The embattled Los Angeles Dodgers organization has described its financial situation for the rest of the 2011 season to a bankruptcy court, the New York Times reports. The document lists the team's payroll and revenue-sharing obligations through the end of September.
The reason this document has been released now is it shows how the Dodgers will spend a $150 million loan from Highbridge Capital Management, of which the Dodgers have already accepted $60 million. The loan will be discussed at a court date on July 22, along with a competing proposal for short-term financing from Major League Baseball that the Dodgers don't want to accept because they fear it will give Bud Selig too much leverage against the team.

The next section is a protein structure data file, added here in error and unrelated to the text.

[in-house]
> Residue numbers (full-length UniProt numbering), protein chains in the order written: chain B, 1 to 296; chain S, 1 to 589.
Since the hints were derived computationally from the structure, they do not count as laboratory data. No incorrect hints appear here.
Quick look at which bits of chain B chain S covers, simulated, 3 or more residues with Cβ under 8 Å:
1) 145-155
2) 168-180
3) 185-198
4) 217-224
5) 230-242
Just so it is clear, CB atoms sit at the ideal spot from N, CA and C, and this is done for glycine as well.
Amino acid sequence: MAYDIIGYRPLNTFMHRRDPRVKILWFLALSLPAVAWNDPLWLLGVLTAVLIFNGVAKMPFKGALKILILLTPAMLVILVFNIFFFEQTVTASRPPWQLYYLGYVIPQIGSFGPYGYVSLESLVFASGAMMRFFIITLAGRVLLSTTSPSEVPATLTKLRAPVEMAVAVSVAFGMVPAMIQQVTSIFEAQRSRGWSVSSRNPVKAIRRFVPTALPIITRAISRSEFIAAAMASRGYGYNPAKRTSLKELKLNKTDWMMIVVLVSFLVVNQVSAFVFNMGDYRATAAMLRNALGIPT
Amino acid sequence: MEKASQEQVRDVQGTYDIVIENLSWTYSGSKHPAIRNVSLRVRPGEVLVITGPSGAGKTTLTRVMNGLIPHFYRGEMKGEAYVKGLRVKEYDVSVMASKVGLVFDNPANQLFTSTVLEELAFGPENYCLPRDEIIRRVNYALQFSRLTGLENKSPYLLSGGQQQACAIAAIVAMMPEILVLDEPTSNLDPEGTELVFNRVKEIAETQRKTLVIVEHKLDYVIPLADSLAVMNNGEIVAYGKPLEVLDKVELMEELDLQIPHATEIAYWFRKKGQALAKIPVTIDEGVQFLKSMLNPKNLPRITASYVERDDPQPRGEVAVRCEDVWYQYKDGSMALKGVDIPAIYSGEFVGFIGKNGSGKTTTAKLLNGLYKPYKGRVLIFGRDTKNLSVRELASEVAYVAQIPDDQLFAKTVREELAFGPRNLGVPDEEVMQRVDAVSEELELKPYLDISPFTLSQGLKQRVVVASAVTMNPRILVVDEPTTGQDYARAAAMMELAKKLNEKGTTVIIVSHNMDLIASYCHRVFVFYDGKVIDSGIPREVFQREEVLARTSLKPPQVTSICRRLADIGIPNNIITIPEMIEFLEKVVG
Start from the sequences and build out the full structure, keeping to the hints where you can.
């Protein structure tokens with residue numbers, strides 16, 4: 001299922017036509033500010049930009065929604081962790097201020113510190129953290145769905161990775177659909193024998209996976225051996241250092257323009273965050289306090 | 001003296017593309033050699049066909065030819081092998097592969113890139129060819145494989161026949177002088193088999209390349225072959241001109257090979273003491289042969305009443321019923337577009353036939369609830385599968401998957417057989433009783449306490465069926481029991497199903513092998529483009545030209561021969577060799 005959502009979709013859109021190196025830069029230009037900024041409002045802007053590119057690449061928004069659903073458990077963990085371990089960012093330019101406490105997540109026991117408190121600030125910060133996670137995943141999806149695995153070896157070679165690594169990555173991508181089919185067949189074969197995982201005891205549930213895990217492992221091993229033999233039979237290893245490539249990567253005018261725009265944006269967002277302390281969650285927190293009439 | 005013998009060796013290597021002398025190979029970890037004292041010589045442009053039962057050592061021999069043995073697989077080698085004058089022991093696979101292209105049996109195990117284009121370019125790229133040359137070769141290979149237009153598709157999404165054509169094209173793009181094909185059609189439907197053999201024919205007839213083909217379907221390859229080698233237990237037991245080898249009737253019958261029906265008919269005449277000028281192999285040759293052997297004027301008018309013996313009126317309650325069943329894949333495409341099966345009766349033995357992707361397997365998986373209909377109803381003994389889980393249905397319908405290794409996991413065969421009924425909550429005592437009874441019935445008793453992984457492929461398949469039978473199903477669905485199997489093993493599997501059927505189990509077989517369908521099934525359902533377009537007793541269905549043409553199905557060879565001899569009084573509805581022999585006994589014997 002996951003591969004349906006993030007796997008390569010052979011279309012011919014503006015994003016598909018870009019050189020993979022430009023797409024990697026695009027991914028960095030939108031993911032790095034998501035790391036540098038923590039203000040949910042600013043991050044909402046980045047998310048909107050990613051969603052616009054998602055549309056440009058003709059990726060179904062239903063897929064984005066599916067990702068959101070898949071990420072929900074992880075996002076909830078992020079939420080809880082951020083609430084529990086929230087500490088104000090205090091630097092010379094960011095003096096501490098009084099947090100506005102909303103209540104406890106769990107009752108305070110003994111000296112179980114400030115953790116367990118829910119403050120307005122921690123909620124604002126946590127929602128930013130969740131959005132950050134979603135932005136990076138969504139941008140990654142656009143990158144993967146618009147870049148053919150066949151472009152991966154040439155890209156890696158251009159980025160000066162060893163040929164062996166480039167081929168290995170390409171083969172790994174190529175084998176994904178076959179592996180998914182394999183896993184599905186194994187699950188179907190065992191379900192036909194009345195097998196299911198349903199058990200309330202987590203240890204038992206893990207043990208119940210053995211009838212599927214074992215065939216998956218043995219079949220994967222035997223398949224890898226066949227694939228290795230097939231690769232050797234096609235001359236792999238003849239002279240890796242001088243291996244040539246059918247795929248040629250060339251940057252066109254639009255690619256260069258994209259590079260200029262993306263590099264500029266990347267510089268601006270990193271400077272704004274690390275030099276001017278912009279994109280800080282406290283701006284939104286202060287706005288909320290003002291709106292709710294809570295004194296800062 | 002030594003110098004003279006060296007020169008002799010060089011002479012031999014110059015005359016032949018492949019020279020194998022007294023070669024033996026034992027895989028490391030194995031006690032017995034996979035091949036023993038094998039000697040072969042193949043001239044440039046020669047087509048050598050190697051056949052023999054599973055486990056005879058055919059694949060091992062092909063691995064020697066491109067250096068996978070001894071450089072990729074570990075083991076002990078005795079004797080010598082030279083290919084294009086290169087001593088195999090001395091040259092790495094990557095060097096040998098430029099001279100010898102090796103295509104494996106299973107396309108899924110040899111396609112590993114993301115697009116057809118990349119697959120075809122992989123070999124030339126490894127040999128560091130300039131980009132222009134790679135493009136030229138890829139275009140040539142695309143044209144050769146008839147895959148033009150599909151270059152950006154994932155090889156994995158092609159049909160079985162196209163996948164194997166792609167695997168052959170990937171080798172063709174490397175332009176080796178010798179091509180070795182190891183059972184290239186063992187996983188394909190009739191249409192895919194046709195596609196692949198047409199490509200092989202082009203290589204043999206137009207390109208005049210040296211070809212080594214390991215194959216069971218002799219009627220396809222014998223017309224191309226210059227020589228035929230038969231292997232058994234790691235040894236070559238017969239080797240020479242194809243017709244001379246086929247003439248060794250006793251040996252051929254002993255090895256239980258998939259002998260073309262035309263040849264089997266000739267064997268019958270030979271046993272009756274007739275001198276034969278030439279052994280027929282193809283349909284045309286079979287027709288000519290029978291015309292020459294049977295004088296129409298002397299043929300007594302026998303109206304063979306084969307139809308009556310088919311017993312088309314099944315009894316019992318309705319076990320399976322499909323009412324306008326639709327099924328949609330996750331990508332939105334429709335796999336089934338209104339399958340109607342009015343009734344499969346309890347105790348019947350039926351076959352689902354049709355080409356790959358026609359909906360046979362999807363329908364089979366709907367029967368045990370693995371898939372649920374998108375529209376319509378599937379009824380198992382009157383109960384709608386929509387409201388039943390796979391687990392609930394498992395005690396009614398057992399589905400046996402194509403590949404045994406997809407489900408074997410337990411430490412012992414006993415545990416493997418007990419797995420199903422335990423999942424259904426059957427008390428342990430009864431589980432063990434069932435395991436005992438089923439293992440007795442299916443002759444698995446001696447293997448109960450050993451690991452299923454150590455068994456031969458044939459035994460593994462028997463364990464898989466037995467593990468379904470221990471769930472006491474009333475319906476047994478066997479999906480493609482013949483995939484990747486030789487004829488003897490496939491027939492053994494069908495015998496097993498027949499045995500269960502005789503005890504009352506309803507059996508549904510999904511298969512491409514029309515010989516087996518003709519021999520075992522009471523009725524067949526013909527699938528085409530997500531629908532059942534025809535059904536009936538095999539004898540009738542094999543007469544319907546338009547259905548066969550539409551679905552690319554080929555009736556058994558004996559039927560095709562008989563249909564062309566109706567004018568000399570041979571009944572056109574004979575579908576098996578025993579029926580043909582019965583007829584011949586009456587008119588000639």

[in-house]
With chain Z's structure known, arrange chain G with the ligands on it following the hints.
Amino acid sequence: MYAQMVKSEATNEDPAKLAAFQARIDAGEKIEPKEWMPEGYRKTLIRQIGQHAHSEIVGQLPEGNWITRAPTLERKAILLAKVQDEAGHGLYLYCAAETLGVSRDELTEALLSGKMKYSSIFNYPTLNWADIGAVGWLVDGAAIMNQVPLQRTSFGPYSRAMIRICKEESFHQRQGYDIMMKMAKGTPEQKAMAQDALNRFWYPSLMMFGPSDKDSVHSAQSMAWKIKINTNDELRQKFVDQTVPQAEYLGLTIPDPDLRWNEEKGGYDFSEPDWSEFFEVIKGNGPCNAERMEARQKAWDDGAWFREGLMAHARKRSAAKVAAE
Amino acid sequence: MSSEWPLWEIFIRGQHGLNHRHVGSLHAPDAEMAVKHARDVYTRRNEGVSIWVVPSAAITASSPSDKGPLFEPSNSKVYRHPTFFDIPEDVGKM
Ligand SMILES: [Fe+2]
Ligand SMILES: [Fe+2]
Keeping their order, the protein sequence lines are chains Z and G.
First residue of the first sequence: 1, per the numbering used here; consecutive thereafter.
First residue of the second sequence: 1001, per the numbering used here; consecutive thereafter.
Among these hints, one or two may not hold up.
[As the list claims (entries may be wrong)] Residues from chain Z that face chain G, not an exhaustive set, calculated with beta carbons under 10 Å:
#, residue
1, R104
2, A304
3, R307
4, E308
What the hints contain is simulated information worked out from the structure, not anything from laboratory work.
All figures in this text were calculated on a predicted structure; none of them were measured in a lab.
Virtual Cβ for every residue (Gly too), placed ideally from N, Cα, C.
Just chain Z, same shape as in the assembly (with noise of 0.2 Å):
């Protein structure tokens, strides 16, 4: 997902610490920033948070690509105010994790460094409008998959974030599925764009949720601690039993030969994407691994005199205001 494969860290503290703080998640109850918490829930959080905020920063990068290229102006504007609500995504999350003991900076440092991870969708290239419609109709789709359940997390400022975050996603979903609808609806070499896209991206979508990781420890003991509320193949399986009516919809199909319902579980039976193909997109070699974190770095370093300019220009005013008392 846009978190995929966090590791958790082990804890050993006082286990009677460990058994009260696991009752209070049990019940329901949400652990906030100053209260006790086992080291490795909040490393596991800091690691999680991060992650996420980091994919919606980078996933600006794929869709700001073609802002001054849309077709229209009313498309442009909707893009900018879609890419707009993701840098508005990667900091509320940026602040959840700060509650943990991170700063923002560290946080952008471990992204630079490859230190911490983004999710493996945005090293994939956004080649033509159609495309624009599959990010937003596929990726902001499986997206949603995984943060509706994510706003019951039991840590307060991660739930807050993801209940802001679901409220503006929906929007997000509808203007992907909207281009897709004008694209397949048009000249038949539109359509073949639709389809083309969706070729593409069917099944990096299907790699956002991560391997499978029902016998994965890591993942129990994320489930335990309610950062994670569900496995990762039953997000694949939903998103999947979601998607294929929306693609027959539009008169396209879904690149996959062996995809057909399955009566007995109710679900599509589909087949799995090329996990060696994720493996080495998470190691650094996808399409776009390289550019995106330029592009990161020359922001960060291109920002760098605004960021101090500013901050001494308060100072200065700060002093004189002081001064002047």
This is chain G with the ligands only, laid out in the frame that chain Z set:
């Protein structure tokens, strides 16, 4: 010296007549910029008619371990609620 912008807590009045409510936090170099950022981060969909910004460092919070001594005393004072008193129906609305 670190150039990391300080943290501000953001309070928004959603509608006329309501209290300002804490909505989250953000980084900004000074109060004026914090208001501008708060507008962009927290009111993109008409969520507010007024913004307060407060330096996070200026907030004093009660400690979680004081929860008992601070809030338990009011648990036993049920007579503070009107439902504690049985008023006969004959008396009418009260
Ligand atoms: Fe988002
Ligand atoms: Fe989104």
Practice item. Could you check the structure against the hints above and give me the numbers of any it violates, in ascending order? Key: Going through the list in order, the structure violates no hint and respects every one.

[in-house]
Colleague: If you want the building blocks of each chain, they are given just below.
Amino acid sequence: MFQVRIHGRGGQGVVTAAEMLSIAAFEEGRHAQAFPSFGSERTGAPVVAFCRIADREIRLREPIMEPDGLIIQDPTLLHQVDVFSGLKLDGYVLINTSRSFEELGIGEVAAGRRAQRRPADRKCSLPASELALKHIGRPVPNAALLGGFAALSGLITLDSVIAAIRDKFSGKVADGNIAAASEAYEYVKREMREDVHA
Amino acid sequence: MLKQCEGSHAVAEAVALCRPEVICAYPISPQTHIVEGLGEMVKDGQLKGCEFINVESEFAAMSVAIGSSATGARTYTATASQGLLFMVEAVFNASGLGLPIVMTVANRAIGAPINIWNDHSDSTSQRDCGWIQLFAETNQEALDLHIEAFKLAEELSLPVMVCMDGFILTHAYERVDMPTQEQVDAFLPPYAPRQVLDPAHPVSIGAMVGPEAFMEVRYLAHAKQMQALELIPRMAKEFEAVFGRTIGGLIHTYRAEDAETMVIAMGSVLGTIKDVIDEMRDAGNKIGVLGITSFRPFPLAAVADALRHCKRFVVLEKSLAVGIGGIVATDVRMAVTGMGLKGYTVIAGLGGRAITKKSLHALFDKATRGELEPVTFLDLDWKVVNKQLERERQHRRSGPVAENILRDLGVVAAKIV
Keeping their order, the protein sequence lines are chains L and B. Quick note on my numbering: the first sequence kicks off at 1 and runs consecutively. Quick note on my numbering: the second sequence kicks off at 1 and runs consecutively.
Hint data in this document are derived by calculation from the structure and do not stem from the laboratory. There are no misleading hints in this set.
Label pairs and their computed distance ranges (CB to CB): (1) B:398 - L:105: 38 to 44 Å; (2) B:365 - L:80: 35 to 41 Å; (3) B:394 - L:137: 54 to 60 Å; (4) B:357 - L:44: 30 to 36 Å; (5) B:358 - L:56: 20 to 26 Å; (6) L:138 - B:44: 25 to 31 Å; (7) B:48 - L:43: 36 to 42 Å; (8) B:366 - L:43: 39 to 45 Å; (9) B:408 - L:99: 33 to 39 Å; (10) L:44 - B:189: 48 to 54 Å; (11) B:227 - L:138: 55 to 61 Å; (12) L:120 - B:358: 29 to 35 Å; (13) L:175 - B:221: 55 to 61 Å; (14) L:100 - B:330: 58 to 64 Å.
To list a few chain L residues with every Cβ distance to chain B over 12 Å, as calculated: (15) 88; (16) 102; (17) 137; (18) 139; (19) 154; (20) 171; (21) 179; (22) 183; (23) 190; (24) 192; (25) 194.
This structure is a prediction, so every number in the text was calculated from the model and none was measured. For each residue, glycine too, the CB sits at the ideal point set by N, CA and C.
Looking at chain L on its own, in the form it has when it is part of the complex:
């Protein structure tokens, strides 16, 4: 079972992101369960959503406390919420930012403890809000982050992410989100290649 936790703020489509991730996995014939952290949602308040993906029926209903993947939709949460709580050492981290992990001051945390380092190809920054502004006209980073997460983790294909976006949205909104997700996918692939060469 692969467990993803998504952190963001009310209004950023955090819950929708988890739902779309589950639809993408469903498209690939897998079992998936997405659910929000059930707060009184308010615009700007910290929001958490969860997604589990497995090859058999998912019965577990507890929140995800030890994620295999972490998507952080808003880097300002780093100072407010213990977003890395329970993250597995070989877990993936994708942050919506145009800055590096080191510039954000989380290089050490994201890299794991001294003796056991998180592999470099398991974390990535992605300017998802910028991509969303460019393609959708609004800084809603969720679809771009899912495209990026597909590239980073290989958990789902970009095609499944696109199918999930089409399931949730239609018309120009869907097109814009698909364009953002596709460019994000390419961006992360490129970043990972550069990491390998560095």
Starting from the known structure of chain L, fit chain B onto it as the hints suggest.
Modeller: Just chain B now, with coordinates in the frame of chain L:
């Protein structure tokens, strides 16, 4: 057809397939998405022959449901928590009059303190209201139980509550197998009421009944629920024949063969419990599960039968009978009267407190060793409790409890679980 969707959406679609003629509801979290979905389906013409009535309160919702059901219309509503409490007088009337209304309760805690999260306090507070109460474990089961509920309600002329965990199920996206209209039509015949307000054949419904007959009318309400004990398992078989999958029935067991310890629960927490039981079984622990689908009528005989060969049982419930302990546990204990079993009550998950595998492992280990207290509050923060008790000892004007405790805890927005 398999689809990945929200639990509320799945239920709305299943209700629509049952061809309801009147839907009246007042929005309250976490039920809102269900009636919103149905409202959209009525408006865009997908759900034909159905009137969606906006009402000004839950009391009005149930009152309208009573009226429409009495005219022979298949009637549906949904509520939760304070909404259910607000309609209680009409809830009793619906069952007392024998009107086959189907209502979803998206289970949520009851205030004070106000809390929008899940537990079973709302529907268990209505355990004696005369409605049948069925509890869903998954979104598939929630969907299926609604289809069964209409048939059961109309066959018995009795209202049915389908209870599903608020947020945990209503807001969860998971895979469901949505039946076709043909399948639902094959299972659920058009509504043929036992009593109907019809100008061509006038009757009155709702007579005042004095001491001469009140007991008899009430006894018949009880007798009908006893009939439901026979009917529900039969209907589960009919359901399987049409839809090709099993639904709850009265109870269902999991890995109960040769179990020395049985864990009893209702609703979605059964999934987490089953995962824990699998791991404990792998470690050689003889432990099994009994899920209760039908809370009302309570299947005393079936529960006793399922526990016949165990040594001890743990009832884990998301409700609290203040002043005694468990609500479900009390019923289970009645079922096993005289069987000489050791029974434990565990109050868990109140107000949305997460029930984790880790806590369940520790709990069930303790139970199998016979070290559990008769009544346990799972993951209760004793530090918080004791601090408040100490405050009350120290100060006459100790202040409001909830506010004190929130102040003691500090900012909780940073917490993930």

Meanwhile, during a press conference on Tuesday, Selig implied that the Dodgers would soon be under new ownership.
In answering a question about how the Dodgers' bankruptcy might be bad for baseball, Selig recalled hearing last year how terrible the Texas Rangers' bankruptcy would be for baseball. The Rangers were sold in a bankruptcy court auction.
"It didn't turn out terrible," Selig said. "They wound up getting a great price and a wonderful ownership group. We will work our way through all these things. Life doesn't always work out exactly the way you want."
It appears that Selig will not settle the case with the Dodgers if Frank McCourt maintains ownership of the team.
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